How to Avoid Bad Commercial Real Estate Deals

How to Avoid Bad Commercial Real Estate Deals

How_to_Avoid_Bad_Commercial_Real_Estate_Deals

Understanding what a good commercial real estate deal looks like can be extremely valuable. Knowing if what looks to be a good deal is actually a really bad deal, could save your financial life. Commercial real estate laws are not set up for buyer protection. With commercial real estate, it is caveat emptor (buyer beware). And if you make a mistake, it could turn your dream of financial freedom into a complete nightmare. Discover how to ensure you never purchase a bad deal in this video on how to avoid bad commercial real estate deals.

How to Avoid Bad Commercial Real Estate Deals PodCast Episode

Commercial_Property_Advisors_Podcast

Here is a summary of what you learned in that video:

What is Due Diligence?

  • Doing Your Homework
  • Gathering Facts
  • Double Checking Assumptions
  • 2 Weeks to 2 Months to Complete

Why Perform Due Diligence?

  • Protects You Physically, Financially, Legally
  • Uncovers "Elephants" in the Room
  • A Good Deal Can Turn into a Bad Deal Quickly
  • Commercial Real Estate = Consumer Protection

7 Important Facts Before Starting Due Diligence

  • 1. Due Diligence costs Non Refundable Money (Travel, Inspections, Reports)
  • 2. You can ask for an extension
  • 3. You will ask for an extension
  • 4. Findings set up renegotiation of the deal
  • 5. Always keep your exit strategy in mind
  • 6. Have a business plan on the table going in
  • 7. Famous Due Diligence Proverb: "The plans of the diligent lead to profit as surely as haste leads to poverty." -- Proverbs 21:5

7 Tips That Will Save You a Fortune

  • 1. Be Present Physically, Emotionally, Spiritually
  • 2. Know How Many Days You Have (What's at risk?)
  • 3. 4 Contingency Clauses (Inspections, Finance, Title, Appraisal)
  • 4. Never believe verbal info, always get it in writing
  • 5. Get Property Manager to do a driveby inspection (go to crimereports.com)
  • 6. Always follow inspector around and ask questions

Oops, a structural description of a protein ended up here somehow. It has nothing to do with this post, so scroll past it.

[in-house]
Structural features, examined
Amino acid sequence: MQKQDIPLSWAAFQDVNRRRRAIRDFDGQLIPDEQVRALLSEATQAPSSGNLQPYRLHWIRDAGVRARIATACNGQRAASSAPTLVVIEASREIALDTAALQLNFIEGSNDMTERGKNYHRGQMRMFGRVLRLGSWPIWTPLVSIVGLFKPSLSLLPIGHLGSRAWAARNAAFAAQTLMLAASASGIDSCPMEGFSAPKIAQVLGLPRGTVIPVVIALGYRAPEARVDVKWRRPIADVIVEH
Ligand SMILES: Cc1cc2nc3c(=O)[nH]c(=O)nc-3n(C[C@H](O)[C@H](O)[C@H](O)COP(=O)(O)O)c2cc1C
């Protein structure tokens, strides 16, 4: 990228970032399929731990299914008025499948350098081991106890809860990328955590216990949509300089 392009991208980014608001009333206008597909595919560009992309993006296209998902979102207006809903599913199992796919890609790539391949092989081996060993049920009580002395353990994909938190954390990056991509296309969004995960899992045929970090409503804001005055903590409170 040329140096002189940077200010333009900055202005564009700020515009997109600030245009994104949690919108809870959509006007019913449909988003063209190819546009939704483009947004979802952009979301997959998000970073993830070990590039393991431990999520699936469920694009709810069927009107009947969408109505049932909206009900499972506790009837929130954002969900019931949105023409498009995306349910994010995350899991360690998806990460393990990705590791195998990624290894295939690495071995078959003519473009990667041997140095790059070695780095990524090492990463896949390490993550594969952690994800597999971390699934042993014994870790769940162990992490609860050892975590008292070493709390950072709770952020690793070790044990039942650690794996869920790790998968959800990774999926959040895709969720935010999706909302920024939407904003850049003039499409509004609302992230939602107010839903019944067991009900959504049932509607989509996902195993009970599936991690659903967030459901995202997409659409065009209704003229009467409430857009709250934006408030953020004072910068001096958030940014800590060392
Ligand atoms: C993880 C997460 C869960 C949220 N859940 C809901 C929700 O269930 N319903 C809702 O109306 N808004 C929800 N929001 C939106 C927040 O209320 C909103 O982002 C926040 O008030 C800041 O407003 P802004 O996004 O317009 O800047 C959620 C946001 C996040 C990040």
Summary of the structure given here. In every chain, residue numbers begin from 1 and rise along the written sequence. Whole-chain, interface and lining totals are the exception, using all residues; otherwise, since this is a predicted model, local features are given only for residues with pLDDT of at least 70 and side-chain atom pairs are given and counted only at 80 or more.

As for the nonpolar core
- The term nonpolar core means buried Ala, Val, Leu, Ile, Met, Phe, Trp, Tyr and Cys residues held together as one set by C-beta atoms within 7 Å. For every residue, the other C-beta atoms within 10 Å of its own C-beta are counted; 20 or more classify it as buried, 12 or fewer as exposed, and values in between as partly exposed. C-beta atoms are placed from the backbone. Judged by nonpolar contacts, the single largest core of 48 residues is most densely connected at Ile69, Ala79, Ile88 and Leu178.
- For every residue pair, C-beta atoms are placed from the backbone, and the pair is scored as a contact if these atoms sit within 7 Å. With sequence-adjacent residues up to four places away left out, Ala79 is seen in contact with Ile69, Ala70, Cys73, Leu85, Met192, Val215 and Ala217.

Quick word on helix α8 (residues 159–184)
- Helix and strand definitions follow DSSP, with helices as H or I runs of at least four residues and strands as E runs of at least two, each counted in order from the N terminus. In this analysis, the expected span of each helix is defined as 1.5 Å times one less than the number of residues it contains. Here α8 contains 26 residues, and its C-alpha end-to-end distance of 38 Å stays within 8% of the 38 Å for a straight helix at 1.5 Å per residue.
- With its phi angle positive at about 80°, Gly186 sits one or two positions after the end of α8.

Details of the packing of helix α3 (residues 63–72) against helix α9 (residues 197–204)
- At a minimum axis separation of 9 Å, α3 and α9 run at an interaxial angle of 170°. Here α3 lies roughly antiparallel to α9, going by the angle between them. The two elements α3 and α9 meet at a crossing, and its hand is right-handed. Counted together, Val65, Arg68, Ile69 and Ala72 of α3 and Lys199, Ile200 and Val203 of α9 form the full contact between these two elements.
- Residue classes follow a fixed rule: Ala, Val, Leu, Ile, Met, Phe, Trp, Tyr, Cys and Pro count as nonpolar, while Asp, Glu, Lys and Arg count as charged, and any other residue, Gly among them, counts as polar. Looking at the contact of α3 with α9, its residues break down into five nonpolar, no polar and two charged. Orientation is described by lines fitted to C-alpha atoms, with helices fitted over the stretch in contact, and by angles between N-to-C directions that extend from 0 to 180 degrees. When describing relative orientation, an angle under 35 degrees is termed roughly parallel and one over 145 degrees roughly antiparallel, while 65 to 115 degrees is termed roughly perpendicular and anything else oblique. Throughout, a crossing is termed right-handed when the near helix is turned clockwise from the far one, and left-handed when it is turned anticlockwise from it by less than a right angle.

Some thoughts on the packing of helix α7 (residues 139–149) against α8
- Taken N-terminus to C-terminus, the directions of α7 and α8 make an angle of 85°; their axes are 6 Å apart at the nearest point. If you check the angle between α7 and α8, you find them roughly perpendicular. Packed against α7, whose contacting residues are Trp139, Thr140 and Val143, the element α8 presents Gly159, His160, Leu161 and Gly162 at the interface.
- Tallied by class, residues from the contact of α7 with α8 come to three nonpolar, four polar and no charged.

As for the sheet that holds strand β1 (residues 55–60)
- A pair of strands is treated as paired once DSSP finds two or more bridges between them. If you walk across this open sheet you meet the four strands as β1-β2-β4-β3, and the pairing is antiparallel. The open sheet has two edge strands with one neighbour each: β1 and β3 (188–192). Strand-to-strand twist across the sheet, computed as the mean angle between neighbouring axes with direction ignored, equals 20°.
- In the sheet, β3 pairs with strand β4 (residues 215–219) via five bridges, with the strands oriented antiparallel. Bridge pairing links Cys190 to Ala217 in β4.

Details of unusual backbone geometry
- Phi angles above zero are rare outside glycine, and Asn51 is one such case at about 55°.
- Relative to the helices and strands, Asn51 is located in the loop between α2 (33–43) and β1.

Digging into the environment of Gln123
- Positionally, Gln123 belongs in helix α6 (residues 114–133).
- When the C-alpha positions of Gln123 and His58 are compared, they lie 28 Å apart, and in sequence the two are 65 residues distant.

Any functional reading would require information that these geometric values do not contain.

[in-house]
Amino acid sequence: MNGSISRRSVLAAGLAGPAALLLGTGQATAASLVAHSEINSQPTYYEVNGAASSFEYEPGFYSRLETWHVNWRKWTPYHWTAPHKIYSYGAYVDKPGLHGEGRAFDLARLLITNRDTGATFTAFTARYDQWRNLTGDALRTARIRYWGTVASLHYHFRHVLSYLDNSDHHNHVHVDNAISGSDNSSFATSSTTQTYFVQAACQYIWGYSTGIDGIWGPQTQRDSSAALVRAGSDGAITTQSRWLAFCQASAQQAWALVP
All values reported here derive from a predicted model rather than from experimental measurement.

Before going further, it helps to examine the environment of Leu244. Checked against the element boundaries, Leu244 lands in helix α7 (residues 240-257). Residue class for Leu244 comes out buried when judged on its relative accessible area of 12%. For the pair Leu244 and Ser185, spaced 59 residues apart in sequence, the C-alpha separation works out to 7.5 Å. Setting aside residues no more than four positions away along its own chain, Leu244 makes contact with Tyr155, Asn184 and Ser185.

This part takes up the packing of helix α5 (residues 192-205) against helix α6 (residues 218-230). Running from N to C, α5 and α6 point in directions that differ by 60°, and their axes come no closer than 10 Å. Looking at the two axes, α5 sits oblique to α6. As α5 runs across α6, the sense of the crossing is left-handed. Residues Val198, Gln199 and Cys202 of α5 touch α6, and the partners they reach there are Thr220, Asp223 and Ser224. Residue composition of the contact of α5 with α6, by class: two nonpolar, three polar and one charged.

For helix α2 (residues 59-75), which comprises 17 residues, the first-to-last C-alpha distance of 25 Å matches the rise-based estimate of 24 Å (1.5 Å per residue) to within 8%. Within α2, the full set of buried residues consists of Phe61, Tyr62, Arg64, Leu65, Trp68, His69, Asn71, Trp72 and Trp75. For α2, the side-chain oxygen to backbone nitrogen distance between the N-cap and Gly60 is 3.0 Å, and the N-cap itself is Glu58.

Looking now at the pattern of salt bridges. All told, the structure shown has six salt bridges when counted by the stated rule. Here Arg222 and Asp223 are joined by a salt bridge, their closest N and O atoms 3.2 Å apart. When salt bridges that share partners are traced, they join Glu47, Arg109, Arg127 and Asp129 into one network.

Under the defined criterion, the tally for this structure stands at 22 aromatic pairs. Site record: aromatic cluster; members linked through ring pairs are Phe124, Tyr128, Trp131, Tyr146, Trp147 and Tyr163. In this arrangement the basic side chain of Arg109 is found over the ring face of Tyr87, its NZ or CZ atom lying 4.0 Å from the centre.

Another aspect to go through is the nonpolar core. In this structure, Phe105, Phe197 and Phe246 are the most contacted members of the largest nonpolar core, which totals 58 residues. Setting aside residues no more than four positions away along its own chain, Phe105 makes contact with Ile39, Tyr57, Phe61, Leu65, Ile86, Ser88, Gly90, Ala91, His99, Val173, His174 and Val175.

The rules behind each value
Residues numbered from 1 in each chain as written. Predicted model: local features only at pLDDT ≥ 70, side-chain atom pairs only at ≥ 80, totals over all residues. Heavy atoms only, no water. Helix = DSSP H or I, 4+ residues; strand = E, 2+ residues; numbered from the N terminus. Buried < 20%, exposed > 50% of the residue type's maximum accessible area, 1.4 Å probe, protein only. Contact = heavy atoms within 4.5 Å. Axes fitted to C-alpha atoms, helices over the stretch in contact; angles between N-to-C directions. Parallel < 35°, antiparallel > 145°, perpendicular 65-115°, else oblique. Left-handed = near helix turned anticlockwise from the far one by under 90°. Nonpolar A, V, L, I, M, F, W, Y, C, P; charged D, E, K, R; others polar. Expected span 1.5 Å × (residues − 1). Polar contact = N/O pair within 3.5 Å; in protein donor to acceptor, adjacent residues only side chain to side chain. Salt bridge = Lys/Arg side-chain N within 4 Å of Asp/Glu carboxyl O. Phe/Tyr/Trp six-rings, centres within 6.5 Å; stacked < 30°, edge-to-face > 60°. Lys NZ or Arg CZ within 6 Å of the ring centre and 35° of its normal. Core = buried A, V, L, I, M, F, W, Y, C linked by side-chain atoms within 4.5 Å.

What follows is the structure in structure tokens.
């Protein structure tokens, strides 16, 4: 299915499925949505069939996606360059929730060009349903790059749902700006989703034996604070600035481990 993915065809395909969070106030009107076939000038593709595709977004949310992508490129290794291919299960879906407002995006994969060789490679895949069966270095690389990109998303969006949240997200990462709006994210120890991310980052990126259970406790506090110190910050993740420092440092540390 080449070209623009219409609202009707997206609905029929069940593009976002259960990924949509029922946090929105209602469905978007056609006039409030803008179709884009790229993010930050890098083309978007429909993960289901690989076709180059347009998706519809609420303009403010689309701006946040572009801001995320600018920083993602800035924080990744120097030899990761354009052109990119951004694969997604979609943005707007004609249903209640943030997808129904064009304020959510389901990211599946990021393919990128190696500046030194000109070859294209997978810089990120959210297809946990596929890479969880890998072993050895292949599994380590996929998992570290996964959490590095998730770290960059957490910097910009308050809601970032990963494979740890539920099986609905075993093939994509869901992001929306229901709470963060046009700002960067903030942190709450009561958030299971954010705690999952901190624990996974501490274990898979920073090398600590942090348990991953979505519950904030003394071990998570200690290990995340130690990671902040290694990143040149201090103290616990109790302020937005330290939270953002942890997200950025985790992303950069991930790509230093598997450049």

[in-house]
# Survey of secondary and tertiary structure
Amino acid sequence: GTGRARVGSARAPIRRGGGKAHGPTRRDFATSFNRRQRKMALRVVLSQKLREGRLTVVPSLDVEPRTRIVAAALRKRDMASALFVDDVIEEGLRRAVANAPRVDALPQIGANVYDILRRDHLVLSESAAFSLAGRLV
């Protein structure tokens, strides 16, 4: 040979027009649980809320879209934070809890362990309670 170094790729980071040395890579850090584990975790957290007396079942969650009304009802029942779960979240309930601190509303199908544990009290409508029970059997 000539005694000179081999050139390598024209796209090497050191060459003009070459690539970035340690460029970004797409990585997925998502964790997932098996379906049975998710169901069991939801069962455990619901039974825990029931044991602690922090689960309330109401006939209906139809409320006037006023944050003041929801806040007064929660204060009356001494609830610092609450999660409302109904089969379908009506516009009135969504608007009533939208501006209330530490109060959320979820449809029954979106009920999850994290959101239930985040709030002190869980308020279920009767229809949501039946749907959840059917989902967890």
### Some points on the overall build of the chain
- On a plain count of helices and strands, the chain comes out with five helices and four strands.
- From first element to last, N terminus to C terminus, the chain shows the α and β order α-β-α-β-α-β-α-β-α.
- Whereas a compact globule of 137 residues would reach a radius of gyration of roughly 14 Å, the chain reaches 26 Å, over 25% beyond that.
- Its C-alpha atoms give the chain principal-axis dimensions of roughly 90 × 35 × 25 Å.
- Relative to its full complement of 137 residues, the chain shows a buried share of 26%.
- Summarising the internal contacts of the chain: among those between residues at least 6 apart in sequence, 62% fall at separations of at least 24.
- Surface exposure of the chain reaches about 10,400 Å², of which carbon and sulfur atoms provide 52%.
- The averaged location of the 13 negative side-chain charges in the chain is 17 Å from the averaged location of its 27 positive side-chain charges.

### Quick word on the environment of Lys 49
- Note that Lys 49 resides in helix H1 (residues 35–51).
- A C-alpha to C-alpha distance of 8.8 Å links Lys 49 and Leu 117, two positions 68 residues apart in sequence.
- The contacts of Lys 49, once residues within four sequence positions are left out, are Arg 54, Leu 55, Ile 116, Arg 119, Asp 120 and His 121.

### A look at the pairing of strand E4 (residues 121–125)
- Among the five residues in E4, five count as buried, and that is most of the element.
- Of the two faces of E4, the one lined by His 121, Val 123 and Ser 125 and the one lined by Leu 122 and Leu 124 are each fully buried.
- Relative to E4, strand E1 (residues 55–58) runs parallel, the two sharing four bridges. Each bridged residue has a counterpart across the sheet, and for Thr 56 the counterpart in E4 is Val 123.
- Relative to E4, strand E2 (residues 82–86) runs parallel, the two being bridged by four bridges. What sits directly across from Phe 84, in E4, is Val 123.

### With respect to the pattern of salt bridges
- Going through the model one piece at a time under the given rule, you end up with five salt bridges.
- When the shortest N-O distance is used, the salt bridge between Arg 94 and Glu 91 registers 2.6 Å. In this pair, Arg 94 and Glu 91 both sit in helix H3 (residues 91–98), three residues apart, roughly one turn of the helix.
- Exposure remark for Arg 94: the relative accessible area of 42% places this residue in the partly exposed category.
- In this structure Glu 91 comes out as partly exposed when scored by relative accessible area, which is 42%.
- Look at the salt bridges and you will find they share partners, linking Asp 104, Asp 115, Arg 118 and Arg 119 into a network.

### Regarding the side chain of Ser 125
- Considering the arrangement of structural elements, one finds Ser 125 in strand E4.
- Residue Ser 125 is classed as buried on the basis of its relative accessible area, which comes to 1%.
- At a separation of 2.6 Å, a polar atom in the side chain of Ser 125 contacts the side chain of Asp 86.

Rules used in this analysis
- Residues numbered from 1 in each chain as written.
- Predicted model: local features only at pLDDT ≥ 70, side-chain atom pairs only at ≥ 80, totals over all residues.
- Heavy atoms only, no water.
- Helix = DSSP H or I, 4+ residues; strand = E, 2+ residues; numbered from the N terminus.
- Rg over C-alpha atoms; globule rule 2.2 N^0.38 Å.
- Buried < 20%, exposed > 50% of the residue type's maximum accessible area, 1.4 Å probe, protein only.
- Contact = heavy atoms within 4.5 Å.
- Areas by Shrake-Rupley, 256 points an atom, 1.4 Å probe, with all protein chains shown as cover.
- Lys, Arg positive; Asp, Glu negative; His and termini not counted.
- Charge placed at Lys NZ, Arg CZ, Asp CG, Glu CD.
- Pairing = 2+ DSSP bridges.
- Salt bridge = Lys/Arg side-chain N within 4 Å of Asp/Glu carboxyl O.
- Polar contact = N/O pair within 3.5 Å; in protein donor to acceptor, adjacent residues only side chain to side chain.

• 7. Beware of "Pro Forma" or "Pre Forma" Numbers

A Critically Important Due Diligence Formula

  • ADD Annual Operating Expenses and Annual Mortgage Payments Together
  • DIVIDE by Gross Potential Income
  • EQUALS Break Even Point Occupancy

My Personal Due Diligence Checklists

  • Physical: In person viewing of the property, Market Comparison Survey
  • Financial: Verifying all the number by obtaining actual rent rolls, reports
  • Legal: Survey, Title, Code Compliance, etc

Due Diligence Checklists DOWNLOAD
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Comments

  1. Robert Klimt says:

    Thanks for taking the time to share your knowledge. I really appreciate your willingness to help.

  2. Peter Barraza says:

    I love the resources and help you are freely giving to the general public. I am thankful for it in every way and hope I can use the knowledge I gain from your videos to better my life in some way. Thanks!

  3. Peter,
    Thank you for the valuable information. You are an excellent teacher. I would like to ask you a question. My wife and I have always owned single family rental homes. That is going to be our “Old Age Income” (don’t plan on retiring). We own several of them free and clear (no mortgage). We like being debt free (The borrower is servant to the lender)! Never owned an apartment building (only a duplex). My question is: If we take the money that is in our houses and bought an apartment complex, do you think it would be more profitable? Do you think it would give us more income? For instance: what if we have a half Mil in four homes with an annual income of 45k net. Would that money produce more income in an apartment building? Thank you in advance for your advice and expertise.

    • Peter Harris says:

      You’d have to run the numbers to see. But as a quickly assessment, take a look at on LoopNet what the average cost per unit that multi family properties are selling for and then compare that to how much your single family homes would bring if you sold them. Next, compare the average gross rent on those units vs what you are bringing in on your SFRs. The real answer is…it depends.

  4. Great article keep up the great work!!Very useful information thank you again.

  5. Thanks so much for the information. I am 29 and constantly seeking knowledge in commercial real estate. Your teaching method is very beneficial to my growth. It’s very non-salesy.

  6. Thanks, Peter this is great information especially at this time when I am looking at a commercial office building. I needed to know how to perform a due diligence.

  7. Thanks peter this information is very helpful to me i like your information on taxes on the three deferent people
    i am the person number 2 person going to were the big boys play .
    do you know a CPA that understand what we do and were we are going Thanks Keith

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